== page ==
I was shooting a little low with 80 gr of powder, I had run out of sight adjustment so I upped the powder load to 85gr, I hadn't shot this much powder in the rifle to this point.

Bingo! I was shooting low so I held high for the first shot and hit high so I went back to my 6 o'clock hold for the next two shots. This is at 50 yards, I would challenge most modern rifles to shoot this well with iron sights at 50 yards.





« Last Edit: November 03, 2023, 10:14:27 pm by Eric Krewson »

Offline Eric Krewson

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Re: Wanting to get in BP rifles
« Reply #5 on: November 03, 2023, 10:54:34 am »
Now, if you have deep pockets and find you really like this B/P stuff, a Kibler flintlock kit is the way to go. His southern rifle and the colonial rifle kits take some marginal skills to complete, to a novice the task can be daunting.

His Woods Runner kit is different, all the parts are CNC shaped and fit into a CNC shaped stock with just a little wood adjustment. One can have this rifle assembled in just a few hours with only the stock and metal finish of your choice to have a completed, historically correct rifle of your own.

The kits run around $1200 and up depending on how fancy the stock wood is.

Kibler doesn't have a gallery of photos of the completed Woods Runners up yet but here is the Colonial galery of customer completed rifles to give you an idea of how good these rifles are.

https://katherinewerre.smugmug.com/Colonial-Rifle-Kit-Customer-Photos/

I built one of the Kibler Southern Mountain Rifles that our one and only Pappy owns now, a wonderful rifle in.32 for squirrel hunting.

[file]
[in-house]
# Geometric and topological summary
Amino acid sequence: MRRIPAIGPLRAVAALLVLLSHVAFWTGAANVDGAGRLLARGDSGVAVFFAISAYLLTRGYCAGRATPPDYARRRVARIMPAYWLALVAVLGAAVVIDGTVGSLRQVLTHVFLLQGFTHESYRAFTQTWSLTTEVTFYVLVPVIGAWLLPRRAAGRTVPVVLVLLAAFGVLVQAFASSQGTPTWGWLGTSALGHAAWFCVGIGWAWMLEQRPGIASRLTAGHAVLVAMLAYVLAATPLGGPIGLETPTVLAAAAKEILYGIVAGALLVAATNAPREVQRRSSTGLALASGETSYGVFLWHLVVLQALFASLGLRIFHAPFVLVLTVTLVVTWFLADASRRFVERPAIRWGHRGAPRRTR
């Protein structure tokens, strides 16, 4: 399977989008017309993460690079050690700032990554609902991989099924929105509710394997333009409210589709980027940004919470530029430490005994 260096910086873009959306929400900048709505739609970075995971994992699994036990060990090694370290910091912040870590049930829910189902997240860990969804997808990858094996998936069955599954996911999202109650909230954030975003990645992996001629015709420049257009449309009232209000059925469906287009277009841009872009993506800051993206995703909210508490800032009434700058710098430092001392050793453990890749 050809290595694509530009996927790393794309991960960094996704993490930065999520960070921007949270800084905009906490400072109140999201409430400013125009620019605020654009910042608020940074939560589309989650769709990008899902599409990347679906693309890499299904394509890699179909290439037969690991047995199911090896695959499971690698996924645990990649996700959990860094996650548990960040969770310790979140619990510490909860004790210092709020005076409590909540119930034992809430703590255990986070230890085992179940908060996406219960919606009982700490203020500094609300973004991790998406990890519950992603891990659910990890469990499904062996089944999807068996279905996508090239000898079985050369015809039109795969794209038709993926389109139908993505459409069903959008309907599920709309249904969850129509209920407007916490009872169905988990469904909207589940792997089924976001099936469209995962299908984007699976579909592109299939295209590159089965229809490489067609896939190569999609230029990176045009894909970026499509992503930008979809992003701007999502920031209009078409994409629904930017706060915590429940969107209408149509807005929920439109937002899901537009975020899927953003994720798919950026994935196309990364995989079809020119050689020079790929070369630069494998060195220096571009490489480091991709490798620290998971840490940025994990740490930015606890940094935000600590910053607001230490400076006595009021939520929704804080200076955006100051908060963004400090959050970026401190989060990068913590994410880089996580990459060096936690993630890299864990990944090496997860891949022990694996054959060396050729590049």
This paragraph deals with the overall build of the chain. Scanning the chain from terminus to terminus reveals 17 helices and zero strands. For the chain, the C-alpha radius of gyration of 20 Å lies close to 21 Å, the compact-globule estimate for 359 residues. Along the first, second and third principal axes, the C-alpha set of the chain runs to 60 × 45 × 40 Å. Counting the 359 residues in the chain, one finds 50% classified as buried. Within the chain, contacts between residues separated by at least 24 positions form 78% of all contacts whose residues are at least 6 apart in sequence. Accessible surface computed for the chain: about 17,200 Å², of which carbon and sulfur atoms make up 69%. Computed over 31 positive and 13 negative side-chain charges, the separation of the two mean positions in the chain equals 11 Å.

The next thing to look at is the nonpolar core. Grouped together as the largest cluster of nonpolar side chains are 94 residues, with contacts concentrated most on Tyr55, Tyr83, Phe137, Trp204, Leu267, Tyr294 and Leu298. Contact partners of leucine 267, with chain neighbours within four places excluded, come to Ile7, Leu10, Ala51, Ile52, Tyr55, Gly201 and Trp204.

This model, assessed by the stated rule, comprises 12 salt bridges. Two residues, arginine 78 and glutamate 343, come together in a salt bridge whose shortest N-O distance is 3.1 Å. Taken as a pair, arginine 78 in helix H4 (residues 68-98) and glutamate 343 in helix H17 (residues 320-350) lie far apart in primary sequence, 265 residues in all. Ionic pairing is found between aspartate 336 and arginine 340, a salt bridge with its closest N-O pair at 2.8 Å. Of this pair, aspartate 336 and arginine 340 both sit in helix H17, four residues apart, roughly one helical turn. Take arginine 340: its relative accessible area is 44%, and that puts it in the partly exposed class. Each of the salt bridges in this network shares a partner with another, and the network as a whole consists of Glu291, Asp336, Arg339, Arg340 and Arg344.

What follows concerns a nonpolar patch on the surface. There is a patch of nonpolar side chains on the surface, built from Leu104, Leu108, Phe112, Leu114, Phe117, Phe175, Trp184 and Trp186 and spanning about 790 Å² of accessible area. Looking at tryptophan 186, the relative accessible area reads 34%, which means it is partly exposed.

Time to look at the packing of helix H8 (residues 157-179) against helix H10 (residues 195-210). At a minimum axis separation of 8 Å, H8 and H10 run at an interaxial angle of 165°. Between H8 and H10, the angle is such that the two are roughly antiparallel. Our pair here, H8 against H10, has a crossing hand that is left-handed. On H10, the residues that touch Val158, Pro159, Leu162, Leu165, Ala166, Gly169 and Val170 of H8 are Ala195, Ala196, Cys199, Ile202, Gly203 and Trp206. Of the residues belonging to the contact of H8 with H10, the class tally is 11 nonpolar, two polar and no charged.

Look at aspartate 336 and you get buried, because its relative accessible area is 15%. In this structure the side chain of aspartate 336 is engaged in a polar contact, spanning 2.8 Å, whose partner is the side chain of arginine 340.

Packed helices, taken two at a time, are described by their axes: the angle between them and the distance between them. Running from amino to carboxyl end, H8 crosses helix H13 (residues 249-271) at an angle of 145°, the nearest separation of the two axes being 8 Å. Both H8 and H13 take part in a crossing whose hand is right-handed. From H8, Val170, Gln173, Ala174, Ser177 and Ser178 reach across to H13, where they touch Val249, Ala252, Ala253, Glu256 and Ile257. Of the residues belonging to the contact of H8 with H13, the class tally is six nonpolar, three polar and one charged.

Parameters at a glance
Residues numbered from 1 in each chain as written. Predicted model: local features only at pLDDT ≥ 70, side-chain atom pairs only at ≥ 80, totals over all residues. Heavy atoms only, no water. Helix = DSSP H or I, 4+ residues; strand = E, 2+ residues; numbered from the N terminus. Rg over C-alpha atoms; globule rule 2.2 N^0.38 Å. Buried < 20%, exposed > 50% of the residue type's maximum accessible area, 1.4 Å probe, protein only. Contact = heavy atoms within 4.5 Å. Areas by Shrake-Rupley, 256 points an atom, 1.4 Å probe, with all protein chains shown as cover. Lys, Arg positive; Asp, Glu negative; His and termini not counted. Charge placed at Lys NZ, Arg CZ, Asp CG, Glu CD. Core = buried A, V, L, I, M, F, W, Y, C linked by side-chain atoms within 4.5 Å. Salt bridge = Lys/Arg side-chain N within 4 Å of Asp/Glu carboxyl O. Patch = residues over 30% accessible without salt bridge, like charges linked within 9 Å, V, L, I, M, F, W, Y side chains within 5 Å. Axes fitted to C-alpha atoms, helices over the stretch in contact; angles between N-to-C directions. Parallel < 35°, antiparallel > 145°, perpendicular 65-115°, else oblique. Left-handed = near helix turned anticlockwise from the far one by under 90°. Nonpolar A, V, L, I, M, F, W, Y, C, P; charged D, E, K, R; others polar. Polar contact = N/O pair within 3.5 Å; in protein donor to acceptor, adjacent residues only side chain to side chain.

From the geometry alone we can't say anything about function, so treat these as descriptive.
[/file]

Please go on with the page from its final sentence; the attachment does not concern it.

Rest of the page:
Here it is;


 
« Last Edit: November 03, 2023, 11:04:56 am by Eric Krewson »

Offline Fox

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Re: Wanting to get in BP rifles
« Reply #6 on: November 04, 2023, 03:30:31 pm »
Thank you Eric! That is a lot of super helpful info! That rifle is quite pretty, makes me really want to get into it just what I need anotherrrr hobby you could spend your whole life learning about hahah
Why must we make simple things so complicated?

Offline Eric Krewson

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Re: Wanting to get in BP rifles
« Reply #7 on: November 09, 2023, 09:35:20 am »
Flintlock rifles and selfbows go hand in hand, I get the same thrill killing a deer with my flintlock as I do taking one with a selfbow. Many of the guys at the Buckskinner rendezvous have selfbows with them as well. The competition at these events usually includes axe throwing and selfbow shooting.

Hunting with a flintlock adds a different degree of difficulty than a selfbow but is still a challenge. They don't call them "flinchlocks" for nothing.

I love my flintlock rifes and shotguns. The rifle in the picture is the first one I built, .54 and a deer smasher.

« Last Edit: November 09, 2023, 09:38:48 am by Eric Krewson »

Offline Pappy

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Re: Wanting to get in BP rifles
« Reply #8 on: November 26, 2023, 09:05:07 pm »
Yep Eric , a beautiful rifle I have and just love the feel of carrying it in the woods, a lot to learn but I am getting there, shooting it is a real joy. 😉 Pappy
Clarksville,Tennessee
TwinOaks Bowhunters
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Offline Eric Krewson

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Re: Wanting to get in BP rifles
« Reply #9 on: November 27, 2023, 10:29:52 am »
Thanks Pappy, I don't dress the part, just not my thing but I get a distinct feeling that I have stepped back in time when I am walking through the woods with one of my flintlocks.

I don't get that step back in time feeling when I am hunting with a selfbow, probably because we are making them on a level now that they are on par with almost any other traditional bow.

Offline Lost Oki

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Re: Wanting to get in BP rifles
« Reply #10 on: February 13, 2024, 01:22:58 am »
A lot of very good info already provided.  Would suggest that you check out the National Muzzle Loader Rifle association web site https://www.nmlra.org/  Look under the tab for clubs, scroll down to Virginia. locate a club in your area and give them a call or email.  Let them know of your interest and go from there.  I will bet you get a lot of help/support.